It would be nice if the National Hockey League could wave a magic wand and compel the league's most vociferous yet uninterested critics to follow just the first round of this edition of the Stanley Cup playoffs.
It's possible they would come away with a good idea of what the game can be when played at a very high level.
The physicality of the first round to date has been monstrous in terms of the hits -- a great many of them punishing we might add -- and they have been so far removed from the ugly Todd Bertuzzi assault on Steve Moore that the difference is worth noting.
One need only have seen Michael Nylander of the Boston Bruins absorb that crushing body check from Steve Begin in Game 2 against the Montreal Canadiens to understand. The almost breathless anticipation that surrounds Nylander's availability for tonight's game illustrates just how much hockey players care about the Stanley Cup and why hockey fans, ridiculed as they so often are, care so passionately about the game.
Did you see the body-on-body hits of the first three games of the Ottawa-Toronto series? Just 180 minutes of all out hockey, every inch of ice contested for, every player doing his part. Players who never fight and often don't even bother to check ("Hey, I'm a skill player" is the common regular-season refrain) are playing with accountability in this series. One needed only to have watched Game 3 Monday night, when Maple Leafs captain Mats Sundin battled all the way down the ice to pull away from Senators forward Bryan Smolinski and score the goal that put the game away for the Leafs. Neither player quit, and it was only a battle of wills and ability that separated them. It's a play one doesn't always see in the regular season.
While the series features extraordinary talent on both sides, it has a level of physicality that nearly defies description and has been remarkably clean. No gooning, no ugly cheap shots like we saw when the Leafs played the Islanders two springs ago, not even a flying elbow to the head or the butt-end of a stick to a face. Certainly players are looking to land that momentum-changing hit, the one that lifts the spirits of the teammates and crushes the spirit of the team that receives it, but that is the essence of hockey.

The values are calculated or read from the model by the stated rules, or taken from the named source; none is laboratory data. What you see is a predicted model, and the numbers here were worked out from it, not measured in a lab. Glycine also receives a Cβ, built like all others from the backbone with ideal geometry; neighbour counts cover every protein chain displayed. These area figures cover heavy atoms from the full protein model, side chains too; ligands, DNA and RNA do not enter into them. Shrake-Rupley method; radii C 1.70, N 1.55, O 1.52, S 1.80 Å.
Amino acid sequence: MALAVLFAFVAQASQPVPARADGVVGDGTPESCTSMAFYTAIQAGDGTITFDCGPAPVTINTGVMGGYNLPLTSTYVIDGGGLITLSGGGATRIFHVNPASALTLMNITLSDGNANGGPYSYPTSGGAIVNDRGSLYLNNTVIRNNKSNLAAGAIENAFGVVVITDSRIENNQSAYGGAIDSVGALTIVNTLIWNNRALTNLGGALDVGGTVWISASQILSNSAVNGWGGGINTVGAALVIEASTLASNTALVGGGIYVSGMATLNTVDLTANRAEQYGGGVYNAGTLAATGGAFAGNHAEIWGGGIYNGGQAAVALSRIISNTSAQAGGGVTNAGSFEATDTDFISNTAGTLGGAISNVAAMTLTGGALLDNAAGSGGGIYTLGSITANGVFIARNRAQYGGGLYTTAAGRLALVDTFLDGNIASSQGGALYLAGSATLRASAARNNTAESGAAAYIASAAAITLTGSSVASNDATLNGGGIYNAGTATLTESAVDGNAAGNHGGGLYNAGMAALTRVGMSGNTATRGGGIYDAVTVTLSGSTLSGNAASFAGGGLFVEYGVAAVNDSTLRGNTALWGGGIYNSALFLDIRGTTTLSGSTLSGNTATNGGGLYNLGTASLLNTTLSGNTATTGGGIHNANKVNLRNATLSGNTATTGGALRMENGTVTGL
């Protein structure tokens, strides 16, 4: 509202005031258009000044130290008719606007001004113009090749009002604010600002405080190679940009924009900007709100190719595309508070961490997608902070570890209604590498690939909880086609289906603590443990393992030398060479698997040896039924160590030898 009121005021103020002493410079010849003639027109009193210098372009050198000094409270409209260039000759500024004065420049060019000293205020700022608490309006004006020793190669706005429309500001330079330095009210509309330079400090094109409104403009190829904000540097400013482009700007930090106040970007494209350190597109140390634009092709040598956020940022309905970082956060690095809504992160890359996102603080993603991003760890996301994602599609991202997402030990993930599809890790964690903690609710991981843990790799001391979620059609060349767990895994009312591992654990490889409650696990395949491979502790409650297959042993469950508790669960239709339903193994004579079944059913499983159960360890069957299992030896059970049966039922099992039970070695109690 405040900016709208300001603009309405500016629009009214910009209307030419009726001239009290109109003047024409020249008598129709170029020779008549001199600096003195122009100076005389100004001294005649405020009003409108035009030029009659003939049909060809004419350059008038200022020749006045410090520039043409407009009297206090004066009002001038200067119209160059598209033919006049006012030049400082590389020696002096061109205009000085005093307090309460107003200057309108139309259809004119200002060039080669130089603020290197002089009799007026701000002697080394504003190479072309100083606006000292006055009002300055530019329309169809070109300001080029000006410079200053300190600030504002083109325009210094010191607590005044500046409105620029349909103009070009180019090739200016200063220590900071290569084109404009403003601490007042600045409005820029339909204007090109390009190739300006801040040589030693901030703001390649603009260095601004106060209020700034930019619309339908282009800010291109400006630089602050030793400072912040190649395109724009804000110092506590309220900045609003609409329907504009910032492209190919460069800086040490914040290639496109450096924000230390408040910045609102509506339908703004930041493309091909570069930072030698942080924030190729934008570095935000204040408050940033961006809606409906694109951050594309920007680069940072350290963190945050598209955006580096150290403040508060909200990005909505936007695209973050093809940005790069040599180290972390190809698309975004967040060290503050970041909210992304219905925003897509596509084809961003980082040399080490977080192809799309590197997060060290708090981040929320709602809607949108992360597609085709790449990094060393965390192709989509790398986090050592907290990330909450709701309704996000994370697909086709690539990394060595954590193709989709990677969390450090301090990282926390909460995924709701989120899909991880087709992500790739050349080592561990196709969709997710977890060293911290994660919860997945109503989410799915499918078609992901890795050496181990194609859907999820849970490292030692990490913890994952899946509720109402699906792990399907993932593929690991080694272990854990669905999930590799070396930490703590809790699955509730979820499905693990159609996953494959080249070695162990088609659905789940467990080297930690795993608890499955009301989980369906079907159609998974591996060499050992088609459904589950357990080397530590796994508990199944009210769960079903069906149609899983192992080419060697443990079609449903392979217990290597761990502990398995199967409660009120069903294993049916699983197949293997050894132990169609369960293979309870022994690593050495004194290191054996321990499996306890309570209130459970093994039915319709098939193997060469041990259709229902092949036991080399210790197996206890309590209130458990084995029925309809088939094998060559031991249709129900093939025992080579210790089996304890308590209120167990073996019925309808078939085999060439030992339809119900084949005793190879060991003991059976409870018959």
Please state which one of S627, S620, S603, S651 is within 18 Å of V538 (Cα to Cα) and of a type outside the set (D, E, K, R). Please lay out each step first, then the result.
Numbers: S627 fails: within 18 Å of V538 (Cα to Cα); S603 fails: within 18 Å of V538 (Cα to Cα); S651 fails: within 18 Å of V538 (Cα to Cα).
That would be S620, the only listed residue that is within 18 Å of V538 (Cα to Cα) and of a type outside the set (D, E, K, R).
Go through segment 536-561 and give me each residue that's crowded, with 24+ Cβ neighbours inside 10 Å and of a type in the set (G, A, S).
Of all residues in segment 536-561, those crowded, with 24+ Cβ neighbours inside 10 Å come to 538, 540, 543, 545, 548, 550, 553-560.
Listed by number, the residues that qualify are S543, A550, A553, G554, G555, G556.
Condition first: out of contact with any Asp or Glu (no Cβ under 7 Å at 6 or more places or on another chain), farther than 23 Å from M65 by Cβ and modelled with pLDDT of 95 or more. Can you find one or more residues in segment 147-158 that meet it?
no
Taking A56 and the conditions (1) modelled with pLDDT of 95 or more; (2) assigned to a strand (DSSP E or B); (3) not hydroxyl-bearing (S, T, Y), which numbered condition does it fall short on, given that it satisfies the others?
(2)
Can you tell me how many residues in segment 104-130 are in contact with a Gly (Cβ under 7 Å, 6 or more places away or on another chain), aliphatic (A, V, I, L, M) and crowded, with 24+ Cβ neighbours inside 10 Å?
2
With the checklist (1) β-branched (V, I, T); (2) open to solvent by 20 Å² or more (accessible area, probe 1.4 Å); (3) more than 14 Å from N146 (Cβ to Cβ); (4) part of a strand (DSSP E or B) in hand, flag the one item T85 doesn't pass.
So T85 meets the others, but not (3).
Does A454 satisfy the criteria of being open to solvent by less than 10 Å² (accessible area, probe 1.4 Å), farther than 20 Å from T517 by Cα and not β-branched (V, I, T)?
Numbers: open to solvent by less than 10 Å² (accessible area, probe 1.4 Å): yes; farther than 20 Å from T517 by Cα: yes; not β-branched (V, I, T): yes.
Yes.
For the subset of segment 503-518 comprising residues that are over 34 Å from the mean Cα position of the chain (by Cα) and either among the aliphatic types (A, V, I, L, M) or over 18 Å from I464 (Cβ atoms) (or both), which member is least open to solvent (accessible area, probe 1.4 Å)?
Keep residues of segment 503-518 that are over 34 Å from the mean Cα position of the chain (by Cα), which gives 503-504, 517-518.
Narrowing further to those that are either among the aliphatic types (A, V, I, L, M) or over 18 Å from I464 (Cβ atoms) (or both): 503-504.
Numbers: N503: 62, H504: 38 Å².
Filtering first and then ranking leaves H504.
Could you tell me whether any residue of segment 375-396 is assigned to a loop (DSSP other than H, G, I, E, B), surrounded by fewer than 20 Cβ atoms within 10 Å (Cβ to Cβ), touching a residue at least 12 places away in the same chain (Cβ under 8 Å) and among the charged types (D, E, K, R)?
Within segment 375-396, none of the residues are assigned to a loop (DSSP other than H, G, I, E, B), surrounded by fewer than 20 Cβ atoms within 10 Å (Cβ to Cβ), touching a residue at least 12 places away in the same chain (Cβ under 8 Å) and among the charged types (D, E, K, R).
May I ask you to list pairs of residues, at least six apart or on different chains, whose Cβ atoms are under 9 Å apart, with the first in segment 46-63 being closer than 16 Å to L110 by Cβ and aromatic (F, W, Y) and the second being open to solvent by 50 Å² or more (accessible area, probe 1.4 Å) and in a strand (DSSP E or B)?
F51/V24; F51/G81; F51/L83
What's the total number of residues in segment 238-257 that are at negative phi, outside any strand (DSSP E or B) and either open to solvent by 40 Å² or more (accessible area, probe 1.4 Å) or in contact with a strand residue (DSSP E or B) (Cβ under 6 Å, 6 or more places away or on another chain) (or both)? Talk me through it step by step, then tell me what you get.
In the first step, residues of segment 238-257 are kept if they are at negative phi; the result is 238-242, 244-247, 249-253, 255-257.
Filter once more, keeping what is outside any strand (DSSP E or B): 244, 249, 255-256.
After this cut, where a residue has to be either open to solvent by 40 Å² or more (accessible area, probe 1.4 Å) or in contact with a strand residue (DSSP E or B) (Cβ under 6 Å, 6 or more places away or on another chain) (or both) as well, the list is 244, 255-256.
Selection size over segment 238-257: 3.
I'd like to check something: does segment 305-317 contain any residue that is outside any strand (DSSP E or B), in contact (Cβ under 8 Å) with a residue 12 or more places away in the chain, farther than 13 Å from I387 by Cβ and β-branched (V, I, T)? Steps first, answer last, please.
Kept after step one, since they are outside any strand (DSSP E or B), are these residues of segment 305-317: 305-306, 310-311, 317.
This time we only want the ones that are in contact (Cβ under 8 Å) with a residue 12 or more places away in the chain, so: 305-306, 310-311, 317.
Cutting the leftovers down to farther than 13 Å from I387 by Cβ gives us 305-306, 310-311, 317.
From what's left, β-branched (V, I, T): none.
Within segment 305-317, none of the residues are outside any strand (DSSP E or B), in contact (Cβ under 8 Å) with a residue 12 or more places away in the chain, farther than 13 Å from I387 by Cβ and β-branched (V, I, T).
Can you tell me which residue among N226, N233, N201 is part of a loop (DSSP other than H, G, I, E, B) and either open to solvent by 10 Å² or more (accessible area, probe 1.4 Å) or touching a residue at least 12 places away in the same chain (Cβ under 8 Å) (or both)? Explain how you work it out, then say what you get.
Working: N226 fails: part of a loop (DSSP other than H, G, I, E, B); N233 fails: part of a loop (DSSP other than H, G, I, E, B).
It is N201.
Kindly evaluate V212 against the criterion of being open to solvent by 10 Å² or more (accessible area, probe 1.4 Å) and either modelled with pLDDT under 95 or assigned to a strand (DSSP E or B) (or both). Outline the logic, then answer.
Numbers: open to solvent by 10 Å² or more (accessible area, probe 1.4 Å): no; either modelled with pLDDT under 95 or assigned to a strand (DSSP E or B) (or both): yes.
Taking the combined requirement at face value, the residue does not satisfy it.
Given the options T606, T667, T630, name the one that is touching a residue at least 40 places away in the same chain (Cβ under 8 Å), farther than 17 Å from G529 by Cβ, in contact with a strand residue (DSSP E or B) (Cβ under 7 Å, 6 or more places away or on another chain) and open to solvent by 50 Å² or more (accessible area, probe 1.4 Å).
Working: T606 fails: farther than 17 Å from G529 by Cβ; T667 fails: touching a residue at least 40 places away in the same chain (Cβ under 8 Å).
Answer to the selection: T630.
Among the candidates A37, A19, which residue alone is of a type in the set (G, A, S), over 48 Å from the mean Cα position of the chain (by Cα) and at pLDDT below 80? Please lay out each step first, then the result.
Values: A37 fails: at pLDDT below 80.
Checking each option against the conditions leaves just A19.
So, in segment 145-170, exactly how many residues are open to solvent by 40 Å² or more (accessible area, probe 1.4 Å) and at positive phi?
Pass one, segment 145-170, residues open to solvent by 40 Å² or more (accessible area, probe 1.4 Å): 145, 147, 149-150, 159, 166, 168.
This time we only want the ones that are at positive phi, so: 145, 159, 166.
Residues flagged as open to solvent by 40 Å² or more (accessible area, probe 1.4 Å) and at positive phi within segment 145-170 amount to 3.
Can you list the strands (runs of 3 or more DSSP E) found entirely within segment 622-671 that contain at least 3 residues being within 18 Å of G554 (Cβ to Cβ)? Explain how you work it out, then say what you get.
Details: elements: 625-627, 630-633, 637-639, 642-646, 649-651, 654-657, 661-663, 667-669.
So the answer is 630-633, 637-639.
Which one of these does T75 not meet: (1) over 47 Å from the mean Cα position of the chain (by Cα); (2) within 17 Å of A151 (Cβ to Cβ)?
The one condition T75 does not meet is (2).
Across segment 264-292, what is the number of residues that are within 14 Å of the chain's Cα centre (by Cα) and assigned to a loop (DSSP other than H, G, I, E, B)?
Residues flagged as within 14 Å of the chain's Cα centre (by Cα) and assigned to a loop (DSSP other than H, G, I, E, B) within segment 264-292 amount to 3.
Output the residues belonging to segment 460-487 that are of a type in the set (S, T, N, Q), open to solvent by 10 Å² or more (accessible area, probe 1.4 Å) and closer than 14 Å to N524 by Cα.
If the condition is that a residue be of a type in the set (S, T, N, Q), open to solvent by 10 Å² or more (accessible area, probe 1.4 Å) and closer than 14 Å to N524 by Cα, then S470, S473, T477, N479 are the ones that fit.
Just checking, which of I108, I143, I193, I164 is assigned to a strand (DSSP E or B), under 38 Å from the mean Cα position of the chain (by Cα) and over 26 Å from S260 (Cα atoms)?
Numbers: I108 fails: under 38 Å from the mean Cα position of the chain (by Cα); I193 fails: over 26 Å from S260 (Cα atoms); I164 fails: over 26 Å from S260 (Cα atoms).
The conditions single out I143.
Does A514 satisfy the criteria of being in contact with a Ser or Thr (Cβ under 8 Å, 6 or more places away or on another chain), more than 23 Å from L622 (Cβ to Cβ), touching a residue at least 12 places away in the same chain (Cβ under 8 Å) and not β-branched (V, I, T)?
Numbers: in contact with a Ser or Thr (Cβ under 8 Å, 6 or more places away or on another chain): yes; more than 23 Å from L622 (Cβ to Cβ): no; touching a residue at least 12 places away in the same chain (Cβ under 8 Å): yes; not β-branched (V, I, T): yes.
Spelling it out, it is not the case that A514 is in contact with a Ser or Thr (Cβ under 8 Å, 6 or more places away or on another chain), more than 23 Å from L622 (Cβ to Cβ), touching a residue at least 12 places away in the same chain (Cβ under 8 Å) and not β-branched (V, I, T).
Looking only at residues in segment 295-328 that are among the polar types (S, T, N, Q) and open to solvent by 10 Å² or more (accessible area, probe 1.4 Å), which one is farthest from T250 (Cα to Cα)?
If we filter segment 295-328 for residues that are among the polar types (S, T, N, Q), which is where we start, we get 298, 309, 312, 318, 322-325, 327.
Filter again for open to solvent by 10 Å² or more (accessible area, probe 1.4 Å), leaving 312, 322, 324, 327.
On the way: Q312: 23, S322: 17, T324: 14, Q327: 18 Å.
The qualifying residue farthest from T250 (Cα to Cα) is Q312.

This is often the case in the Stanley Cup playoffs, a period of time when the sport is more neglected than disdained by the vast multitudes of Americans and American media, especially in cities with teams that are not participating. Too bad really, because this is when the game is often at its best.
It is also a time when there is much to be learned, even by people in the game and those regularly exposed to it.
This is a time when critics of violence in the game -- especially the mind-numbingly stupid, side-show violence that so often manifests itself in the regular season -- can argue that hockey can flourish under rules and isn't dependent on a mystical code of retribution.
The intensity of these playoffs has been phenomenal, and devoid of ugly, stupid cheap shots. Players have shown due respect, not only to the authorities on the ice (who coincidentally have been instructed to take back control of the game) but to the spirit of the game, the greater authority that expects players to play hard without crossing the line or turning over the administration of justice to a thug.
That holds true to a degree every playoff year, but it's especially notable this year because it seems the atmosphere is even more intense than usual. Maybe it's because so many teams believe they have an honest shot at winning the Stanley Cup, or maybe it's because so many players believe it might be their last chance forever or at least a very long time, considering the status of their career and the labor issues that likely will lead to a lockout next season.
What we aren't seeing -- so far, at least -- is score settling, that ugly part of the game that sickens the casual fan and the couldn't-care-less segments of media. We're also not seeing the thuggery we witnessed when the Flyers and the Senators combined for 419 minutes in penalties just days before the Bertuzzi affair. We're not seeing coaches bait their players and the officials in some misguided call for retribution disguised as justice. We're not seeing a Wade Belak swing carelessly at an opponent's head or a Chris Pronger kick viciously at an opponent's leg.
Darryl Sutter's Calgary Flames are involved in an extremely physical series with the Bertuzzi-less Canucks. It's a battle that could well end not with the best team standing, but with the team best surviving. Yet, so far the hits have been clean, the intensity has been within the rules and we haven't seen Sutter turn his back on the officials or send out a line of goons and thugs to "send a message" to the Canucks.
In fact, the same can be said about every series.
So far at least it's been good, clean hockey. Hard hitting hockey to be sure, but hockey played within the rules. It's been hockey devoid of stupidity, thuggery, goonism, score settling and the Neanderthal tactics and threats that have so often disgraced the game.
Hockey players, hockey officials and hockey fans can rightly be proud of that. The rest of the world should take note.
Jim Kelley is the NHL writer for ESPN.com. Submit questions or comments to his mail bag.